Biased and Unbiased Estimators

Michelle

New Member
Hi, I'm not sure how to find the bias estimator.
For example,
If we let X and Y be a random sample from a population with mean=1,
compute the bias for the following estimators of the population mean.
1)0.91X+0.09Y.

We knowthat the bias estimator is Bias=E-theta

I'm not sure how to use this formula with equation 1.

Thank You.

JohnM

TS Contributor
Assuming bias is a measure of the "distance" from the estimation to the true value of the parameter, maybe you need to use the Euclidean distance formula if you're working with two variables (or "dimensions")?

d = sqrt(x^2 + y^2)

I'm really not completely sure here......

quark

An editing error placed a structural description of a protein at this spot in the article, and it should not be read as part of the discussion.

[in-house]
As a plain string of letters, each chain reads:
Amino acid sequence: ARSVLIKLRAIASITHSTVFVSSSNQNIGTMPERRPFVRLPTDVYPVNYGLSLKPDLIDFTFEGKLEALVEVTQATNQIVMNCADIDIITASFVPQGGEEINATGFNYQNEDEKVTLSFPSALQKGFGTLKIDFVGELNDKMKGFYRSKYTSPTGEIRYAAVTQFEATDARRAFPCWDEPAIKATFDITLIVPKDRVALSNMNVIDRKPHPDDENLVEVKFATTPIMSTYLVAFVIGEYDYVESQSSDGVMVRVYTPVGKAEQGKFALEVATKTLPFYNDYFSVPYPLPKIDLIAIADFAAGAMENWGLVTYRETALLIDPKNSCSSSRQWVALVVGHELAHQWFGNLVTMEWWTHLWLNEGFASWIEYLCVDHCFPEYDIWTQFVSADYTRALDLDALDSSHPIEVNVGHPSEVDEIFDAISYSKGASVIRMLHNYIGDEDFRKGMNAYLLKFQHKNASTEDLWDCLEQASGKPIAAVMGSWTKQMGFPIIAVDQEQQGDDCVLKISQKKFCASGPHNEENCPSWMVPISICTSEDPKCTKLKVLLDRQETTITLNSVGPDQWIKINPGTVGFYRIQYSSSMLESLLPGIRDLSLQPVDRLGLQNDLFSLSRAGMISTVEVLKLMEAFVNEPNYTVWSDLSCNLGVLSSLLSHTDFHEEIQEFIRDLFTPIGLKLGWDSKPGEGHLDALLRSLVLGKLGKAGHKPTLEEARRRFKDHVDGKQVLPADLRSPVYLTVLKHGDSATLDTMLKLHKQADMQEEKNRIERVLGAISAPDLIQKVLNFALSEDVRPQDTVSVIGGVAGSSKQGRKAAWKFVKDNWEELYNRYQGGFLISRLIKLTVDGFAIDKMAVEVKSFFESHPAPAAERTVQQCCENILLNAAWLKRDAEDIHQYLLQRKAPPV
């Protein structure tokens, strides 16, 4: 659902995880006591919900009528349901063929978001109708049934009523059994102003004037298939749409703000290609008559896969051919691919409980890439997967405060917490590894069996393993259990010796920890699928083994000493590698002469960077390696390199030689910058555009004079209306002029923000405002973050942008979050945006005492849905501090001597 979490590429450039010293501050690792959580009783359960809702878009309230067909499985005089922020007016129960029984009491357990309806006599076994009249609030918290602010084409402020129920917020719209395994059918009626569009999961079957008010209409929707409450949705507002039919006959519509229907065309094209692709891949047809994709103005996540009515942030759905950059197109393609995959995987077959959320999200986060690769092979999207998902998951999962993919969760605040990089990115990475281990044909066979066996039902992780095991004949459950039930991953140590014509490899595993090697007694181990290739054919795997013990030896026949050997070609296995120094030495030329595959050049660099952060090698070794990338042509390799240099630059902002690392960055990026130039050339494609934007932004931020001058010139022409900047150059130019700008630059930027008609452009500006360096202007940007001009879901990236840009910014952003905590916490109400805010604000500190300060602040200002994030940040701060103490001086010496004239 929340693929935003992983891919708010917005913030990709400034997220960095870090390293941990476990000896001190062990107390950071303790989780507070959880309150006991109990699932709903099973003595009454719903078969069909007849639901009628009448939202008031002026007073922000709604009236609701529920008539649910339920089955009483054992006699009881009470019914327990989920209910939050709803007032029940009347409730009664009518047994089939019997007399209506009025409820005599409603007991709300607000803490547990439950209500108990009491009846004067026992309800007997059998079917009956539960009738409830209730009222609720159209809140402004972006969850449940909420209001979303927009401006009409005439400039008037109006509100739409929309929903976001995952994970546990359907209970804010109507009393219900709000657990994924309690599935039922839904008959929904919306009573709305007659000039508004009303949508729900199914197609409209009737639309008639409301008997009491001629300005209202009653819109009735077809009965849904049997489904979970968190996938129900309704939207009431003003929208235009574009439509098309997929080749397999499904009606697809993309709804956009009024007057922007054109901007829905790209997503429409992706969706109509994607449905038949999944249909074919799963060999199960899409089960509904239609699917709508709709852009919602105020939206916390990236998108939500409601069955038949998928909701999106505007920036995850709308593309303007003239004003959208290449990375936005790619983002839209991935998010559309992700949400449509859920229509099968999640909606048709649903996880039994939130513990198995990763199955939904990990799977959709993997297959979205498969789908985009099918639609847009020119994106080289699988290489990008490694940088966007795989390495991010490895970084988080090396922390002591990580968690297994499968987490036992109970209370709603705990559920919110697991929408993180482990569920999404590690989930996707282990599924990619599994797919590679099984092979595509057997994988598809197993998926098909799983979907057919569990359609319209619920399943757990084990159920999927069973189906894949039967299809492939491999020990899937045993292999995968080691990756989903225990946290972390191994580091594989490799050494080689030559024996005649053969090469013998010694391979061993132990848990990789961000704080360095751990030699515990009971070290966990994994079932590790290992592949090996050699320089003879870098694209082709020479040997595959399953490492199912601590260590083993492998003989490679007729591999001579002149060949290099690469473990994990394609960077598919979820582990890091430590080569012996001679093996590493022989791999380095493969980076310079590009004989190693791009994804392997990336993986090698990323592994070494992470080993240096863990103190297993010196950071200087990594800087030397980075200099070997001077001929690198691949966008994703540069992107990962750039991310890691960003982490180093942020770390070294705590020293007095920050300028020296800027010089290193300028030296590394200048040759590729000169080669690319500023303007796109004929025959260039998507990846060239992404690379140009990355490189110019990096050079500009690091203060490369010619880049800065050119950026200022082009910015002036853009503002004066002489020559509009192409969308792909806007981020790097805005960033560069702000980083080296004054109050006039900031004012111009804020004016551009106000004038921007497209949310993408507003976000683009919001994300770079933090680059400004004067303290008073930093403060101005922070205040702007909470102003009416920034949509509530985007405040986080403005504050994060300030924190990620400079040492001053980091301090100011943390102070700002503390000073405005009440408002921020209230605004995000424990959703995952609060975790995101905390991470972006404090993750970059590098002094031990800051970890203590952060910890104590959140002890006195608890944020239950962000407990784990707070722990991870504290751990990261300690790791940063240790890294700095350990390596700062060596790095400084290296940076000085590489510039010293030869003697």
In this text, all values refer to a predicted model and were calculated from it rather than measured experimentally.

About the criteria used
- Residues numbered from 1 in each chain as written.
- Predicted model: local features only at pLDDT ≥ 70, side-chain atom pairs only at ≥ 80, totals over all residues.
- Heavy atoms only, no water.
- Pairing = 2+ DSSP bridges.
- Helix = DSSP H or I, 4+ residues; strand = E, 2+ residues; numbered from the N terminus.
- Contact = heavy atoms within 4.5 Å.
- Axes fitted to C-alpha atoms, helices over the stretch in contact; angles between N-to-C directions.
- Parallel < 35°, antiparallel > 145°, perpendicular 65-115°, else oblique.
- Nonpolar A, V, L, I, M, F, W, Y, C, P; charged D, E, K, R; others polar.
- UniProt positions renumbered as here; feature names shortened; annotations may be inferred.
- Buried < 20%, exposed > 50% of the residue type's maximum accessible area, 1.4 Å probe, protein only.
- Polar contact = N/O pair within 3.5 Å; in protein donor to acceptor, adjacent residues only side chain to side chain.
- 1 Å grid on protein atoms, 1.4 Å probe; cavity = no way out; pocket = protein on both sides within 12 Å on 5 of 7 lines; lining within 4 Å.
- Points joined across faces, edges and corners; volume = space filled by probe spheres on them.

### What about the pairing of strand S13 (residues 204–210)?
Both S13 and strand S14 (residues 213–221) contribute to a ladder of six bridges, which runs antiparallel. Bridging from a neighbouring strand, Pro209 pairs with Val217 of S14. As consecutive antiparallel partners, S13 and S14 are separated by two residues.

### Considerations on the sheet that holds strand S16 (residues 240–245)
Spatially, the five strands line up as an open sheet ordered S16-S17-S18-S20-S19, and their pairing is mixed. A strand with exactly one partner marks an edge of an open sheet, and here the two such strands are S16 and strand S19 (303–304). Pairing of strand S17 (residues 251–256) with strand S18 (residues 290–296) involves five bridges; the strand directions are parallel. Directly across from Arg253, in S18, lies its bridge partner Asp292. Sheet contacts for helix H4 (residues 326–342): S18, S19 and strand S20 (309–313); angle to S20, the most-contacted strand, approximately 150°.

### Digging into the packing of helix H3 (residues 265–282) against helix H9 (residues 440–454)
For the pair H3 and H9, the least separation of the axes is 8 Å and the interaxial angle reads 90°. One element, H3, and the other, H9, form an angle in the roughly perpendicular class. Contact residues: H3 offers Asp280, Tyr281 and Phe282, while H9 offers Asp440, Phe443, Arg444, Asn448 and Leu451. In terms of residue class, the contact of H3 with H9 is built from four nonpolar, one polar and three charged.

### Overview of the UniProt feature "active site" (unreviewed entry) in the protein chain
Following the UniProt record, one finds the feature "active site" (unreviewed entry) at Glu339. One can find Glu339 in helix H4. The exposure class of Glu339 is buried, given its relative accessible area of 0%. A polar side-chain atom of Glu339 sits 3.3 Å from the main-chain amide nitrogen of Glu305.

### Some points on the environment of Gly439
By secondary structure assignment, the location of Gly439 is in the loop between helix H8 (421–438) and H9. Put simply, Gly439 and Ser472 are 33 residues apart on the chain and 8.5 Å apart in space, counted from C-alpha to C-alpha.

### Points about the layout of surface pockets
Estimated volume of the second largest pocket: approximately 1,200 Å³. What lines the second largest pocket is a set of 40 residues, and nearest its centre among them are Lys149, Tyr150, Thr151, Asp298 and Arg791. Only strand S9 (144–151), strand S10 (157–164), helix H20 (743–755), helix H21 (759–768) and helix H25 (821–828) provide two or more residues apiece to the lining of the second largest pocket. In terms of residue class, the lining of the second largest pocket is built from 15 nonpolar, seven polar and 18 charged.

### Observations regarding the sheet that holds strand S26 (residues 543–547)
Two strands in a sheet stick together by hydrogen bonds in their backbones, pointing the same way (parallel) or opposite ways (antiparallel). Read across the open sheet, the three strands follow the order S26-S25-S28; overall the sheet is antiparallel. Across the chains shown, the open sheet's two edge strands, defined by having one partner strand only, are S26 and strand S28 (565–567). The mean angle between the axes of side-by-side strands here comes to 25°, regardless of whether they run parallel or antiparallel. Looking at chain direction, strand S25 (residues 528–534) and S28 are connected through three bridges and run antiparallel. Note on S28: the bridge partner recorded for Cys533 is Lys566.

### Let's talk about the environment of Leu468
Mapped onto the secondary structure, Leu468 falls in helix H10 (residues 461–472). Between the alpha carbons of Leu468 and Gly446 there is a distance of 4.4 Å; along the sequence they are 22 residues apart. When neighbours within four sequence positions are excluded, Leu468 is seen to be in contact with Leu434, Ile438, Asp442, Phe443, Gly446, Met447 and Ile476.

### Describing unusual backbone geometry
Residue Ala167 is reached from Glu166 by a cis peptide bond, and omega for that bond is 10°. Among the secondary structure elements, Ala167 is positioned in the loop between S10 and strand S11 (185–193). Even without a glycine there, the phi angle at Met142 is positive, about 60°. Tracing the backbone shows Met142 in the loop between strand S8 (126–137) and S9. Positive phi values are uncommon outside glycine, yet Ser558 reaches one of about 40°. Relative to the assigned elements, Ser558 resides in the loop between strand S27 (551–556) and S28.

I'm not sure either.

It seems that E(X)=E(Y)=1, E(0.91X+0.09Y)=0.91*E(X)+0.09*E(Y)=1, so 0.91X+0.09Y is unbiased.

JohnM

TS Contributor
Now I see it - the problem doesn't imply that the estimator is biased, it just asks you to estimate the bias, which of course could be 0...

so I think the answer is 0

Michelle

New Member
JohnM said:
Now I see it - the problem doesn't imply that the estimator is biased, it just asks you to estimate the bias, which of course could be 0...

so I think the answer is 0

Hi~
The asnwer is zero...but i'm not sure how you got it... JohnM

TS Contributor
Since X and Y are both random samples from a population with mean = 1, E(X)=1 and E(Y)=1 (expected values)

So, the estimator = .91X + .09Y = .91(1) + .09(1) = .91 + .09 = 1

Since the actual population mean =1, then the bias =0 since pop-est = 1-1=0

Michelle

New Member
JohnM said:
Since X and Y are both random samples from a population with mean = 1, E(X)=1 and E(Y)=1 (expected values)

So, the estimator = .91X + .09Y = .91(1) + .09(1) = .91 + .09 = 1

Since the actual population mean =1, then the bias =0 since pop-est = 1-1=0
hi!!Oh i seee!!
Thank You very very much ,,now i see how it wokrs. )